FROM THE UNITED STATES DISTRICT COURT FOR THE DISTRICT OF
MASSACHUSETTS [Hon. Leo T. Sorokin, U.S. District Judge]
L. Sheketoff on brief for appellant.
E. Lelling, United States Attorney, and Mark T. Quinlivan,
Assistant United States Attorney, on brief for appellee.
Lynch, Selya, and Boudin, Circuit Judges.
BOUDIN, Circuit Judge.
12, 2017, following a nine-day trial, a jury convicted Thomas
Corliss of ten counts of mail fraud, 18 U.S.C. § 1341,
and one count of embezzlement from an organization receiving
federal-program benefits, 18 U.S.C. § 666(a)(1)(A). He
was sentenced on September 7, 2017, to concurrent prison
terms of one year and one day, to be followed by one year of
supervised release. Corliss now appeals from his conviction.
trial, the government presented evidence that between March
and September 2015, Corliss, who was a Lieutenant in the
Quincy Police Department, submitted fraudulent detail and
overtime timesheets, which double counted time he worked.
Corliss reported that he worked details at the same time as
regular shifts, details at the same time as other details,
training at the same time as regular shifts, and overtime at
the same time as regular shifts. In one instance, Corliss
claimed he worked three details while taking a vacation day.
support its case, the government introduced work schedules,
detail timesheets, detail invoices, overtime calendars, and
payroll documents. The government also called officers and
city officials to testify. The government's principal
witness was Captain John Dougan, who serves as the Executive
Officer of the Quincy Police Department. Captain Dougan
testified about the policies and procedures governing Quincy
Police scheduling and compensation, including the collective
bargaining agreements between the City of Quincy and its
police officers. He also explained the initial investigation
into what he called Corliss's "double-dipping."
claims the district court erred during Captain Dougan's
testimony by improperly restricting cross examination. The
court prevented Corliss from asking whether any other police
officers faced disciplinary action for violating the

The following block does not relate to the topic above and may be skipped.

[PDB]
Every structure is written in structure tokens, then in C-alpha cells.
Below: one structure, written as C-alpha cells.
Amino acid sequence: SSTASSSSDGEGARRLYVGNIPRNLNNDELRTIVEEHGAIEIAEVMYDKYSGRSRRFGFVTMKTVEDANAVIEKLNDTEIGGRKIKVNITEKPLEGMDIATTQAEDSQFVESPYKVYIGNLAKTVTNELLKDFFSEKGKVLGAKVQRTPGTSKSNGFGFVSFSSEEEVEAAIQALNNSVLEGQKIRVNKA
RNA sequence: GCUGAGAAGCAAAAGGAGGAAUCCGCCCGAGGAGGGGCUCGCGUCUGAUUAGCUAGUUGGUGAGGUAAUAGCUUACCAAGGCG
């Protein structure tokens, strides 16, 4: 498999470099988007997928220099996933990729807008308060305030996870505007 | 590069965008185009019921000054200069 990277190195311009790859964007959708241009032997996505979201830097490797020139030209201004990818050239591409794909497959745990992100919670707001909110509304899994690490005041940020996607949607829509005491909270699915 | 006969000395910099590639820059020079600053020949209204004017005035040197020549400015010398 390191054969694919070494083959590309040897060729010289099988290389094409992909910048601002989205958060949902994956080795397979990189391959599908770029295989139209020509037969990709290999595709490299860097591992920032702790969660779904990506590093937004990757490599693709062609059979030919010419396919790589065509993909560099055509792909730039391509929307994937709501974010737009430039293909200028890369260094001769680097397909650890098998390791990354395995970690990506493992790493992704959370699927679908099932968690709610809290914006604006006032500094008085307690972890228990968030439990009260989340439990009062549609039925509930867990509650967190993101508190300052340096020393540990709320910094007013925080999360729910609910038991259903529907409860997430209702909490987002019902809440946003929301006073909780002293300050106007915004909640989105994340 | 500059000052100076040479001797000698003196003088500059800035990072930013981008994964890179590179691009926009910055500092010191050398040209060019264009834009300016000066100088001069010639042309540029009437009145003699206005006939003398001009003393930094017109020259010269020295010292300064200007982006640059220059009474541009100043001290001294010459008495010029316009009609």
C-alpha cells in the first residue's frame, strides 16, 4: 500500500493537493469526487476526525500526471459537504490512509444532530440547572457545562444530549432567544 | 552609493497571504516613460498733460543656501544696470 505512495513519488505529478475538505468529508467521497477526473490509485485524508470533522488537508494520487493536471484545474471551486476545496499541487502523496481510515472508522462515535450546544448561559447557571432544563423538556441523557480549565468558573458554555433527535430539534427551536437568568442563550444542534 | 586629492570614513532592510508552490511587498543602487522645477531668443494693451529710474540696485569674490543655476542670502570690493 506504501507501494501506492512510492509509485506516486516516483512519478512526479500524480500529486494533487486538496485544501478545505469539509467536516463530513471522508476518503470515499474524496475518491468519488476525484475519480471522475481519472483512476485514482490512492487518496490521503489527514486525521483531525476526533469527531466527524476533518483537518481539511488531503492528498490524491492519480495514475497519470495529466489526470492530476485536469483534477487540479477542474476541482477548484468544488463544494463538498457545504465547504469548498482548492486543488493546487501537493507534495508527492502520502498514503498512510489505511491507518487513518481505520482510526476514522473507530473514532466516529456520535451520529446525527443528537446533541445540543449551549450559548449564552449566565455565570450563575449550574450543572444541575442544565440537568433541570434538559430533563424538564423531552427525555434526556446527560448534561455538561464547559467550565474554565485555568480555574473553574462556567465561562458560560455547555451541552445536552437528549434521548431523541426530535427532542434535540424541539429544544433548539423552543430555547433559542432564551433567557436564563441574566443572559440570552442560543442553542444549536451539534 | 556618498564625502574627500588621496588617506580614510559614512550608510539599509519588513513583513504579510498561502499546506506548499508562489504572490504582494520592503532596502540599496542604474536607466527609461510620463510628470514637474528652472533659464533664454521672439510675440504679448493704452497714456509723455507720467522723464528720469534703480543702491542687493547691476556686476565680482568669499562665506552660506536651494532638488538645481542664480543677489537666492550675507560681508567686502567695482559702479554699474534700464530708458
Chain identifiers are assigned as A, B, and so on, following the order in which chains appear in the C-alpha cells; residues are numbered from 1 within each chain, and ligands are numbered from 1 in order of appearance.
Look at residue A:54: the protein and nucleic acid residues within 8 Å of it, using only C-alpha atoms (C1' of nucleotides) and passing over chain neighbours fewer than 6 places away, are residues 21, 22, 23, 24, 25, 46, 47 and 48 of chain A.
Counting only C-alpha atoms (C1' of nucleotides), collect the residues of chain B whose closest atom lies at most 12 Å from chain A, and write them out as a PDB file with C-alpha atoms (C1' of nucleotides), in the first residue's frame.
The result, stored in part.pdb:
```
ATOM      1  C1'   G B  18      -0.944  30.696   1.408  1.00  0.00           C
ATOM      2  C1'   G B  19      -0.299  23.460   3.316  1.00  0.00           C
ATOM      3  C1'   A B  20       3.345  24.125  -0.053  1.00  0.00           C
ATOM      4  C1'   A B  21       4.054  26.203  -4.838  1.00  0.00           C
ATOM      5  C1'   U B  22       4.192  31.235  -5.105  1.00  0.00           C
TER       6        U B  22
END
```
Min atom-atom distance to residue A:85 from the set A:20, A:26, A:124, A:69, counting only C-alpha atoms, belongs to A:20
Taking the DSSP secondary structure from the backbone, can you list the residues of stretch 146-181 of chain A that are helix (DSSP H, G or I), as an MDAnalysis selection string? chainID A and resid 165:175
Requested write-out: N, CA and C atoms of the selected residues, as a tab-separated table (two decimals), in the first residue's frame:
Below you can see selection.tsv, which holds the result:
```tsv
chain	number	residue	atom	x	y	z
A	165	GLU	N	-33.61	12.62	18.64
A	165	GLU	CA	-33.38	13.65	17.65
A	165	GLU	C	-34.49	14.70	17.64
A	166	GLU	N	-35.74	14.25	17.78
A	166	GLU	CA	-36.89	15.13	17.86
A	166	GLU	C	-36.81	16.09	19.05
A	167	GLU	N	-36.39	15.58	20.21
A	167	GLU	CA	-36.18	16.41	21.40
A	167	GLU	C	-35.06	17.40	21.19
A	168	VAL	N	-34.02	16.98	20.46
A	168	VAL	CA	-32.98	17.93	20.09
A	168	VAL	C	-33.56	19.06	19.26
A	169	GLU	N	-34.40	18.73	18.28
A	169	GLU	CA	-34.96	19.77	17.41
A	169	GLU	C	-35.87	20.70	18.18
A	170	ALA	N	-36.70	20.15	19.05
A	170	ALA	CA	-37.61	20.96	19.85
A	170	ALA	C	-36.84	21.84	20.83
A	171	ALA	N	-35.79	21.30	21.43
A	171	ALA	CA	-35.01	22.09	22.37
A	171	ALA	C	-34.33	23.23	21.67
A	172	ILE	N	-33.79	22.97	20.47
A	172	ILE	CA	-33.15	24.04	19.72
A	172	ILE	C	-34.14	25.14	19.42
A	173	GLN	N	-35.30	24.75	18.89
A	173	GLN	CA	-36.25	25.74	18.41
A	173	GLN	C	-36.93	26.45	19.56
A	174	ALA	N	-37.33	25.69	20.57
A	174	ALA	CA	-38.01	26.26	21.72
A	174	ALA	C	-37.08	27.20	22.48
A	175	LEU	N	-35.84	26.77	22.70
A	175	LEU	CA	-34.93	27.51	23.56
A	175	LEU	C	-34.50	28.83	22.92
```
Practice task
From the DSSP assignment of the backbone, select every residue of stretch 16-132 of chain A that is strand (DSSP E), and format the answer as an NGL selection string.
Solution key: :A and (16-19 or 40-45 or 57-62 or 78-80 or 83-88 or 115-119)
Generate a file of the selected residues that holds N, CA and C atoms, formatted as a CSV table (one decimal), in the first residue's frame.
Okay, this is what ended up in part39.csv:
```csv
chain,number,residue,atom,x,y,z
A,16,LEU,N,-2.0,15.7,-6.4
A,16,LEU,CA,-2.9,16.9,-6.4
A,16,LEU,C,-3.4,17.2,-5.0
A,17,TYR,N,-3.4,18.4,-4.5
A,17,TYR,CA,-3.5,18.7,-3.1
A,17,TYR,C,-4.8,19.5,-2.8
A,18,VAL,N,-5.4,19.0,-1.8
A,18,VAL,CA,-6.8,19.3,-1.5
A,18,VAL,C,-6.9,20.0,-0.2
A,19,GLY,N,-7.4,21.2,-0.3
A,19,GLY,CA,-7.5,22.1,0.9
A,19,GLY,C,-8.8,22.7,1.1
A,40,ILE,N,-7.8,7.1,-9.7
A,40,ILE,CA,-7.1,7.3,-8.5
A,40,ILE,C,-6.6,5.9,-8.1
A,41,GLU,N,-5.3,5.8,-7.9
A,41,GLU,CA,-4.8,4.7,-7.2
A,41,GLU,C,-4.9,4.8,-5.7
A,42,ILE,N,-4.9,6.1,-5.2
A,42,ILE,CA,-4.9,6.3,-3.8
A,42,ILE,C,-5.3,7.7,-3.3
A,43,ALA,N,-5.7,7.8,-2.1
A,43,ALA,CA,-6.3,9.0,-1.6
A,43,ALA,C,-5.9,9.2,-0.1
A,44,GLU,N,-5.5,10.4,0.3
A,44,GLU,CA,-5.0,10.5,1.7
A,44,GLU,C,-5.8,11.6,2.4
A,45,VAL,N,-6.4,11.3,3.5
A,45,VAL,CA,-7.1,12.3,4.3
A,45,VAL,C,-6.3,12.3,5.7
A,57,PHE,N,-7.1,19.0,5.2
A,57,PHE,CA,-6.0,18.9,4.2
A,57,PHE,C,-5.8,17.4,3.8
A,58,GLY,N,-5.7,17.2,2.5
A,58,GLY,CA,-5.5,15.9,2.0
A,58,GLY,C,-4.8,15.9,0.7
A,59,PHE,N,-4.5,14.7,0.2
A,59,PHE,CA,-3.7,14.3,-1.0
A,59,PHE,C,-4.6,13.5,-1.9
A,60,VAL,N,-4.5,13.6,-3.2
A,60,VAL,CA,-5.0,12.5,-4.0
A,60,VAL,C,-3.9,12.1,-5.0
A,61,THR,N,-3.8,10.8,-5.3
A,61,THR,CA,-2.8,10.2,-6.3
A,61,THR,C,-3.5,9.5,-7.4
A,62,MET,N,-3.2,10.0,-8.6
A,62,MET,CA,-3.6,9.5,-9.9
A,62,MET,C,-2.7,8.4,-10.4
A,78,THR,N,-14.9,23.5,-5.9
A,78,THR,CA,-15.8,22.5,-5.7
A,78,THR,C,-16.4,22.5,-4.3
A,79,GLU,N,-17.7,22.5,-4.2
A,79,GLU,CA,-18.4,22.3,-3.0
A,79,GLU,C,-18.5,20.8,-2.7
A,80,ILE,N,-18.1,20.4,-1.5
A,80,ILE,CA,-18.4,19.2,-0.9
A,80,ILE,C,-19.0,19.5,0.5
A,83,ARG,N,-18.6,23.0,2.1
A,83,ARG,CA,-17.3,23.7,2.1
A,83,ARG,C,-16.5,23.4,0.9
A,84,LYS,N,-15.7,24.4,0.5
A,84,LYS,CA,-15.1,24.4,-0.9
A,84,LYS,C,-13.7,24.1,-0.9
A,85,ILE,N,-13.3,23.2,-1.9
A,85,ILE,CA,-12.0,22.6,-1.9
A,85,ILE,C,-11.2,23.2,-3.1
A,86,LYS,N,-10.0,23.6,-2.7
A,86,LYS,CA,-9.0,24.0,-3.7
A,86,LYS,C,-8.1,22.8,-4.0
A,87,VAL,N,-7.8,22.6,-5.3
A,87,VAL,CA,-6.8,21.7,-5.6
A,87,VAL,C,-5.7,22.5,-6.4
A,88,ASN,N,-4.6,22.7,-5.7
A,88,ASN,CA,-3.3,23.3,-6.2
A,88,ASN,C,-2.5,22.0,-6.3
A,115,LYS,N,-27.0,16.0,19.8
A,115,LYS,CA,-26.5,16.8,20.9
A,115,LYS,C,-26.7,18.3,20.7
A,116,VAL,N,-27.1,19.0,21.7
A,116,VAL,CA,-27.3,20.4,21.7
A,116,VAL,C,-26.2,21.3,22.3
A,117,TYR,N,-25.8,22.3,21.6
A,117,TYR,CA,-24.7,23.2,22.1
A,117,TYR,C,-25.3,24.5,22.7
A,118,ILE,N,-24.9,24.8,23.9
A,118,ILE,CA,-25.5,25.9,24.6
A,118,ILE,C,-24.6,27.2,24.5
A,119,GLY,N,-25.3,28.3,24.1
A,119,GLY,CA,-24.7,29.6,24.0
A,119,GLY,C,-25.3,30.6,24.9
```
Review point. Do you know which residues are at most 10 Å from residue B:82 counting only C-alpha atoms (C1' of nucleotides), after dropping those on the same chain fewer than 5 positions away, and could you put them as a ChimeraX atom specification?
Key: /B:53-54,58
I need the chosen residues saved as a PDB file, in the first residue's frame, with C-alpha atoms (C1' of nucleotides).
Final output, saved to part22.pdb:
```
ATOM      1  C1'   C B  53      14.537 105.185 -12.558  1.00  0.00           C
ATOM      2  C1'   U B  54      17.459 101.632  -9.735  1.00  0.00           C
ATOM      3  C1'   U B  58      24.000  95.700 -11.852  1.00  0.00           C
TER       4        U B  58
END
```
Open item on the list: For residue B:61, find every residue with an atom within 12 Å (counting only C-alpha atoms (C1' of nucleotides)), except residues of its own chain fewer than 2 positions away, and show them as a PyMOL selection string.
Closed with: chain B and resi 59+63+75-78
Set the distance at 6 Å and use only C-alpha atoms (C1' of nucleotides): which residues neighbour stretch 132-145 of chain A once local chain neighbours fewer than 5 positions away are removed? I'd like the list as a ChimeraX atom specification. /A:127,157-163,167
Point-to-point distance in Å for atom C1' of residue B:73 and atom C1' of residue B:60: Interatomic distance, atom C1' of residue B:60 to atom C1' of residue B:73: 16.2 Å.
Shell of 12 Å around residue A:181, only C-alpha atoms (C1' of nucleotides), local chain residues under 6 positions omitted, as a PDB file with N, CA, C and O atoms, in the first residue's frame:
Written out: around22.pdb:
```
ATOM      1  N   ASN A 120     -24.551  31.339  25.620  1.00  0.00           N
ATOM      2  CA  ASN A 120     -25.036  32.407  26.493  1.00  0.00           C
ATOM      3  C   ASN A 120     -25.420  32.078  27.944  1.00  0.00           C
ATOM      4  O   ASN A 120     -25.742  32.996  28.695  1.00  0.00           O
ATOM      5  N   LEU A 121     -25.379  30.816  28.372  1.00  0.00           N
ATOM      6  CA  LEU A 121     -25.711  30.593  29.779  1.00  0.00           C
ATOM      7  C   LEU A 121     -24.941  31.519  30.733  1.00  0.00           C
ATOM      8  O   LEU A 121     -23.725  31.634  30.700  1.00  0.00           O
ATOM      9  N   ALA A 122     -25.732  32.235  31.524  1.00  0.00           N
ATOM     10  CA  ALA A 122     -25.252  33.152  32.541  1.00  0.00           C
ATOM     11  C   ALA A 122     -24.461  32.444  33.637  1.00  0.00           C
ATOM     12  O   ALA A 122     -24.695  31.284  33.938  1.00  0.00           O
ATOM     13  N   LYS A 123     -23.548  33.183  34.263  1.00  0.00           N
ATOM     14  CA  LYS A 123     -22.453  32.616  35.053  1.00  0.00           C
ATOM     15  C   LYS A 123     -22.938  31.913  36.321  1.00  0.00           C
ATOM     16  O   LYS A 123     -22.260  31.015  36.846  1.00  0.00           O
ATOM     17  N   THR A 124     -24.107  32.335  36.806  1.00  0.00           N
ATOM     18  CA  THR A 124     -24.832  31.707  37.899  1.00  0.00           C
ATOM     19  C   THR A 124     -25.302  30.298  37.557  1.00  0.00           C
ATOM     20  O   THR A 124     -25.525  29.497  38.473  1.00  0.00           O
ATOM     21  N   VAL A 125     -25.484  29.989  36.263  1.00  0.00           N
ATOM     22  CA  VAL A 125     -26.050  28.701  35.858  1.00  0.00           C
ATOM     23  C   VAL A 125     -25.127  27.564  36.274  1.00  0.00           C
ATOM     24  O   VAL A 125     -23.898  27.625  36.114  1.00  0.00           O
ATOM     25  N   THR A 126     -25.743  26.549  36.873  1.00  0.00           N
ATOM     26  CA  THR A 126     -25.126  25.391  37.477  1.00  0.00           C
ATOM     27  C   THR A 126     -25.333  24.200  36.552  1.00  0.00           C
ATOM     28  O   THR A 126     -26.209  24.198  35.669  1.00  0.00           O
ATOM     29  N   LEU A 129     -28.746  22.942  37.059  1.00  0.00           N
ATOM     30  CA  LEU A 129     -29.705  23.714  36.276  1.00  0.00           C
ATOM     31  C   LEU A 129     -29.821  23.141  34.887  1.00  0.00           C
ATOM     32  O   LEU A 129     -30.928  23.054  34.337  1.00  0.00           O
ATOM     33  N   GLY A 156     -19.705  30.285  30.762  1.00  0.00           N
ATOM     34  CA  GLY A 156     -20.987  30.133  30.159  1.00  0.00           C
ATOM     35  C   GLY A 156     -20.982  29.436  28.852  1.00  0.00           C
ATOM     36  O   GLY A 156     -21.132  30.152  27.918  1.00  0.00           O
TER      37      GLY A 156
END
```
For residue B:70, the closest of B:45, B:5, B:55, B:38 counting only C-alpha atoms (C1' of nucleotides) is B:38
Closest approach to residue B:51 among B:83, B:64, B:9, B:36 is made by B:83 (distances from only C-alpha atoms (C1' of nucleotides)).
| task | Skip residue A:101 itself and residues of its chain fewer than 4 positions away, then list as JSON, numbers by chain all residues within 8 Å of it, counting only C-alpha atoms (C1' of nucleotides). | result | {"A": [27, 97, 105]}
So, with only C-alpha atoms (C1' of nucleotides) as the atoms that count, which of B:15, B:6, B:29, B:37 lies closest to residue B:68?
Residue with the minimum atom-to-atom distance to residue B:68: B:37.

department's policy on overlapping shifts. Corliss argues
that Captain Dougan's likely concession--that no other
police officers faced disciplinary action for violations like
those Corliss committed--would have helped show his actions
were consistent with permitted practices, negating any
specific intent to defraud.
the testimony was relevant, cf. Fed.R.Evid. 401,
although that is a precondition and not a guarantee of
admissibility. The government says that Corliss did not make
this theory of relevance clear to the district court, see
United States v. Malik, 928 F.2d 17, 20 (1st Cir. 1991),
but Corliss's attorney proposed in his opening statement
that police leadership consciously avoided disciplining other
officers for similar conduct and that Corliss lacked the
specific intent to defraud.
the trial judge's "wide latitude" to set
reasonable limits on cross examination, Delaware
v. Van Arsdall, 475 U.S. 673, 679 (1986),
the district court might have deemed the testimony's
value outweighed by its risk of misleading the jury by
implying that Corliss's behavior was proper because
others who engaged in similar conduct were not disciplined,
see Fed R. Evid. 403, but the judge did not explain
even supposing a properly preserved claim of error, a new
trial is unnecessary when the error is harmless. Fed. R.
Crim. P. 52(a). Here, Corliss's lone witness examined
daily rosters and detail sheets during the time period
Corliss double-dipped and offered a chart that, so far as we
can tell, showed other officers violated the department's
policy on overlapping shifts. Also, Captain Dougan admitted
he was "sure" that "a lot of people"
violated the policy and acknowledged leadership did not
investigate other officers. So, limiting cross examination
did not stop the jury from hearing Corliss's argument and
the supporting evidence.
further argues that the district court improperly permitted
Captain Dougan to testify regarding the meaning of the
collective bargaining agreement. Corliss explains that his
theory at trial was that the collective bargaining agreement
permitted an officer to accrue pay for multiple activities
simultaneously. In Corliss's view, the district court
erred when it allowed Captain Dougan to testify on re-direct
that "[a]ccording to the collective bargaining
agreement," Corliss could not properly claim that he
worked motorcycle training at the same time he worked
likely waived any objection to Captain Dougan's invoking
the collective bargaining agreement when Corliss's
attorney himself elicited just such testimony from Captain
Dougan on cross examination. See Willco Kuwait (Trading)
S.A.K.v.deSavary, 843 F.2d 618,
624-25 (1st Cir. 1988). When questioning Captain Dougan about
the motorcycle training, Corliss's attorney asked Captain
Dougan not only to ...